Maitreya describes the multifaceted interdependent processes whereby consciousness manifests and expresses itself. When on this path of experience we equally acknowledge the expressions of mind and their intrinsic nature, we will, he promises, discover a flawless and bountiful perspective—a discovery of unlimited resources. Maitreya's terse instructions are accompanied here by two commentaries.

The first, by Khenpo Shenga (1871–1927), intersperses glosses and explanatory remarks between the words of the root text. Unique to Shenga's approach is that he literally never adds a word of his own—all of his comments are extracted verbatim from the classical commentary of Vasubandhu. The second commentary, by Ju Mipham (1846–1912), seeks to explain and provide clear solutions by taking up the issues set forth in the verses and offering his understanding of them. 

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Amazon.com: HASH(0x90576fb4) étoiles sur 5 7 commentaires
1 internautes sur 1 ont trouvé ce commentaire utile 
HASH(0x906e51c8) étoiles sur 5 Excellent Edition, Going Back to Indian Sources 16 août 2013
Par Pacific9 - Publié sur Amazon.com
Format: Relié
This text, along with its companion volume, Distinguishing Phenomena from Their Intrinsic Nature: Maitreya's Dharmadharmatavibhanga with Commentaries by Khenpo Shenga and Ju Mipham, is one of the best resources I have found on this text. There is another recent translation, also quite good in that includes Vasubandhu's commentary. But this translation has Khenpo Shenga's "commentary" which are mostly quotes from Vasubandhu. And Mipham Rinpoche's commentary is unbelievably clear. I hope that more of these Maitreya texts come out with these helpful commentaries.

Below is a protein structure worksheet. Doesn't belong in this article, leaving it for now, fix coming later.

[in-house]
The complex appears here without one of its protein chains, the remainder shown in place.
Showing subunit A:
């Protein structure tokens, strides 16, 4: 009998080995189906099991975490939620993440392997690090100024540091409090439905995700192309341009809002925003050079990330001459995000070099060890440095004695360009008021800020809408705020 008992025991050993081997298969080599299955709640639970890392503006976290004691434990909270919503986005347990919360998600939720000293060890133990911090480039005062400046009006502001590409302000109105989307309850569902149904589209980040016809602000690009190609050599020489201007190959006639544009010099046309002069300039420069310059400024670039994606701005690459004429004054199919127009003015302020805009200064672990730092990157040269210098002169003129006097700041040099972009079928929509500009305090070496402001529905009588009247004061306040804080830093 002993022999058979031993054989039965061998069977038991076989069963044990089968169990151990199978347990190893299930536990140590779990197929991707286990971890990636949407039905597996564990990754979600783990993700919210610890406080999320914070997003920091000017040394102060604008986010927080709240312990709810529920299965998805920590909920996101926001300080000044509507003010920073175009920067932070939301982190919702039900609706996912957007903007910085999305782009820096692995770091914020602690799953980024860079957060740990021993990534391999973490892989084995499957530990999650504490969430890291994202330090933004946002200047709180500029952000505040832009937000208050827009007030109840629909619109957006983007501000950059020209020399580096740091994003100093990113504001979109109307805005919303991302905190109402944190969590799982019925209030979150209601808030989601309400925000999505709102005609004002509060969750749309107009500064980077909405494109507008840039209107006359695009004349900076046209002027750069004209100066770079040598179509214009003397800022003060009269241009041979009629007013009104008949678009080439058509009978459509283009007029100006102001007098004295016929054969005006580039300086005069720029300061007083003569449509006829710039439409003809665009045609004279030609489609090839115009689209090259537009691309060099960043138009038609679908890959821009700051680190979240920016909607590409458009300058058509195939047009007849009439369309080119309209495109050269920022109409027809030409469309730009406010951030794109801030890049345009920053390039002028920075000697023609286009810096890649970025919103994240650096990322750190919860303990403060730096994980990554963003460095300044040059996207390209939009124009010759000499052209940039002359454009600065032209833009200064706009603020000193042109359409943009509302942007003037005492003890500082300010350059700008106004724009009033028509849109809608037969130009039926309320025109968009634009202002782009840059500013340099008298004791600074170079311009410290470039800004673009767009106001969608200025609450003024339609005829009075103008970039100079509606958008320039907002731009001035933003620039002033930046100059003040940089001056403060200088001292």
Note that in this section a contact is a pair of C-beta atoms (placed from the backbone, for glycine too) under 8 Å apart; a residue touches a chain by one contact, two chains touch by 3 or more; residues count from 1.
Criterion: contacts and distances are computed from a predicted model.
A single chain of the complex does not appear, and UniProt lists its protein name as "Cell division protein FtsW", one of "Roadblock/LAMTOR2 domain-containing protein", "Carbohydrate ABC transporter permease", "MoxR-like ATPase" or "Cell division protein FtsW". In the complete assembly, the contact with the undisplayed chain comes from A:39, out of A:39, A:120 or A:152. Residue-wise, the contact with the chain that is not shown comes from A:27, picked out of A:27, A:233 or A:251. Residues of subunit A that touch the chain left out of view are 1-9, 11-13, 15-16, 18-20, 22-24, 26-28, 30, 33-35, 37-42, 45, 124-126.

HASH(0x906e521c) étoiles sur 5 I liked it and basically understood the contents 17 juin 2015
Par Everett Cook - Publié sur Amazon.com
Format: Relié Achat vérifié
I liked it and basically understood the contents. This is a very difficult topic and the book is very densely packed, as is the root text. One difficulty is that different translators use different vocabularies sometimes. It seems that in translating these texts into English, the vocabulary has not yet been standardized. It can be a little confusing in that respect. This however is also a blessing. One, because different wordings carry different connotations and no one word can give the whole picture. Two, having to figure what a new translator is talking about compared to your existing vocabulary seemed to help me really process the information more deeply.Your not going to get a thorough grasp of the topic from a single commentary. This book actually contains two commentaries, and the way they are presented along with the root text is very nice.
HASH(0x906e54f8) étoiles sur 5 Good text with a caveat 18 mars 2014
Par A reader - Publié sur Amazon.com
Format: Relié Achat vérifié
I'm not in a position to critique the translation, as I am not familiar with Sanskrit and Tibetan. And it is nice to have these 19th century commentaries, which are important to the Nyingma school. However, it is a little strange that they omitted Vasubandhu's commentary, which is integral to the point that it is practically a part of the text itself. For that you will want Maitreya's Distinguishing the Middle from the Extremes (Madhyantavibhaga) Along with Vasubandhu's Commentary (Madhyantavibhaga-bhasya): A Study and Annotated Translation by Mario D'Amato, http://www.amazon.com/dp/1935011057
HASH(0x906e53f0) étoiles sur 5 A crucial read for grokking the middle path 10 octobre 2014
Par Joe McDonagh - Publié sur Amazon.com
Format: Relié Achat vérifié
The significance of this work is beyond measure. It's a pretty difficult read, but typically, the tougher the harvest the better the feast. I really love that this translation committee exists and is doing these works. This is a most noble service for us westerners who can't read Tibetan, Chinese, or Sanskrit.
HASH(0x906e55dc) étoiles sur 5 This is relisted with 3x the price 9 août 2015
Par William C. - Publié sur Amazon.com
Achat vérifié
I don't know why they re-list this as a different item. Search the title and you will find much cheaper price. I made the mistake of paying 2-3x higher.